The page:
Formula One is going to test a new closed cockpit design, and it could be the blade-like enclosure seen above, according to Motorsport.com. The international racing news website has obtained the image along with information that the tests will begin as early as next month. The news comes just two days after IndyCar driver Justin Wilson suffered a fatal blow to his head from debris caused by an accident, though F1 was reportedly discussing testing the idea before Wilson's death.
The strange looking concept originated with Mercedes-Benz Motorsports — one of the leading teams in F1 — but has since been taken over by F1's governing body, the Federation Internationale de l'Automobile, a team spokesperson tells The Verge.
It was an idea originally proposed by Mercedes' racing team
The idea of introducing a closed cockpit to F1 isn't new, and this will not be the first time that the FIA has tested closed cockpits in a real-world setting. In 2011, the FIA's Institute for Motor Sport Safety and Sustainability fired a 20-kilogram tire and wheel at a partial cockpit shield and a full jet fighter canopy, both made of polycarbonate. The partial shield somewhat deflected the wheel, but shattered to pieces. The jet fighter canopy, however, completely deflected the wheel and remained intact.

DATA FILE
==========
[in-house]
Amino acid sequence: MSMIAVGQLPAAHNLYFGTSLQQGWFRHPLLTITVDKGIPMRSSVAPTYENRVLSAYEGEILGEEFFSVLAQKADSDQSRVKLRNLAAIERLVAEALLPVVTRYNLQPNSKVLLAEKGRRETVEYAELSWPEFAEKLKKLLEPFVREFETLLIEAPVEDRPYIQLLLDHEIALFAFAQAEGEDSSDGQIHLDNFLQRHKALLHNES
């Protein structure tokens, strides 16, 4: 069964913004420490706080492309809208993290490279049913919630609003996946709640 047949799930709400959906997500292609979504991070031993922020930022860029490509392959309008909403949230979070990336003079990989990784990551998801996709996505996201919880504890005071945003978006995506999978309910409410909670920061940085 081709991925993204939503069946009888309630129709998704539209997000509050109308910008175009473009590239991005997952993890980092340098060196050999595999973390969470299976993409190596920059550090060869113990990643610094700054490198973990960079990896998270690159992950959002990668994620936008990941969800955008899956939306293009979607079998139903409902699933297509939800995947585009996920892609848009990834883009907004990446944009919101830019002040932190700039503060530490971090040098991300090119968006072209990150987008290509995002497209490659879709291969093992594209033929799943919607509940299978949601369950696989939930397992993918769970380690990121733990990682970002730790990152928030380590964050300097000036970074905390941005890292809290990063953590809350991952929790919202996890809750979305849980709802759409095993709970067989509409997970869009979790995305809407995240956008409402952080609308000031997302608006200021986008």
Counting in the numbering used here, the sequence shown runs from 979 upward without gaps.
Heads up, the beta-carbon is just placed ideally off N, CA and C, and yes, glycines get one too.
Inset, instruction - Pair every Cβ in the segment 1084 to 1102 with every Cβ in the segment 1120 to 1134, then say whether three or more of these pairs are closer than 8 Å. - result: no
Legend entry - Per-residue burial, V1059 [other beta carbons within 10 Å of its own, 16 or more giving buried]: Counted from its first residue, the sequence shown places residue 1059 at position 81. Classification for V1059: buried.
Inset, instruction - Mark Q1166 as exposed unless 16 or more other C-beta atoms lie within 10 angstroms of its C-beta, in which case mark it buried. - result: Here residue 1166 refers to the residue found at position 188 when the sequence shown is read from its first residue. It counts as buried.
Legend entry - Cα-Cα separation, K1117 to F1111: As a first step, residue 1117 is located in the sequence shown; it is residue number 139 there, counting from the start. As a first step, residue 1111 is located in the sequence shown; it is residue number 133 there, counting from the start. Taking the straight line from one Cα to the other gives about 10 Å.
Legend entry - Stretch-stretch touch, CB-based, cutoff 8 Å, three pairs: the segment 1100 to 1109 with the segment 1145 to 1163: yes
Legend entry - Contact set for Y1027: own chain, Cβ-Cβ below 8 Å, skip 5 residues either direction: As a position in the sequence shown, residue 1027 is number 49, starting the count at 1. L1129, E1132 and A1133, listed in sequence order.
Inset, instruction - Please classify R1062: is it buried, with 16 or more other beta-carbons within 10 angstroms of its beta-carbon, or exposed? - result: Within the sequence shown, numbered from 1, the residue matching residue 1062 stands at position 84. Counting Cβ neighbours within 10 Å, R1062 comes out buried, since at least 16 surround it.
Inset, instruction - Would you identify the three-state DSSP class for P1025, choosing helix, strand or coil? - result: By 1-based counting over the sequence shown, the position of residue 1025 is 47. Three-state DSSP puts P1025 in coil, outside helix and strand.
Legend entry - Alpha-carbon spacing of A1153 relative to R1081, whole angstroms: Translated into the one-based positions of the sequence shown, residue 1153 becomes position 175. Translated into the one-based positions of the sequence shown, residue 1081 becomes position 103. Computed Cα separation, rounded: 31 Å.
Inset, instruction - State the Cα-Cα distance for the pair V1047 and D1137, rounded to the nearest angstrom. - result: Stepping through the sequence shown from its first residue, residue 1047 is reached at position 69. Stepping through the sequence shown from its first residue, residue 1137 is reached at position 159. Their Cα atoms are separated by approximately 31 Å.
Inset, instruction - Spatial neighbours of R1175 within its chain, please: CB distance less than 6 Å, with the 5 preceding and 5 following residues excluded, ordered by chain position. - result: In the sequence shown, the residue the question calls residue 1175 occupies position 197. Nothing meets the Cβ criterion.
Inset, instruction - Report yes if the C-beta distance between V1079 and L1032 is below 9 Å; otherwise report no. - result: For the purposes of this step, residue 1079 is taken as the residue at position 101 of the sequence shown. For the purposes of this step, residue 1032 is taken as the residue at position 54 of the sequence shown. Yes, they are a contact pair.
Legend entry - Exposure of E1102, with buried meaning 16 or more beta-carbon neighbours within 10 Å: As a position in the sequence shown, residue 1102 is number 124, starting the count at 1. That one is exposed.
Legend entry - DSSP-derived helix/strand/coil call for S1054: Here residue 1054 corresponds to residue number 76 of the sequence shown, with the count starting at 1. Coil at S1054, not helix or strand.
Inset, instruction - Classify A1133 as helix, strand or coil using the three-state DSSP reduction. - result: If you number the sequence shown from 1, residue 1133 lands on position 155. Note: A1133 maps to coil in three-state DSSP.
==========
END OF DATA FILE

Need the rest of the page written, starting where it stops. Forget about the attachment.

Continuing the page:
Then, in 2012, the FIA Institute tested what's known as a "roll hoop," or "roll cage," similar to what's found in sprint and top fuel drag car racing. The same wheel / tire combination were fired at the metal cage, and it bounced upwards and away from where the driver's head would have been.
There are issues with all of these designs — the blade design included — with the most common concerns being the driver's visibility and the ability to escape the car after an accident. There is also the worry that debris coming in contact with a roll cage or canopy could deflect into the stands. But with mounting accidents, injuries, and deaths related to the exposure of the driver in all major disciplines of open wheel racing, these are problems that will need to be solved. The FIA Institute may have put it best in its roll cage safety test video:
Like the canopies assessed in the 2011 test, this would mark a dramatic visual departure from familiar single-seater style but a radical aesthetic is a price well worth paying to save drivers’ lives.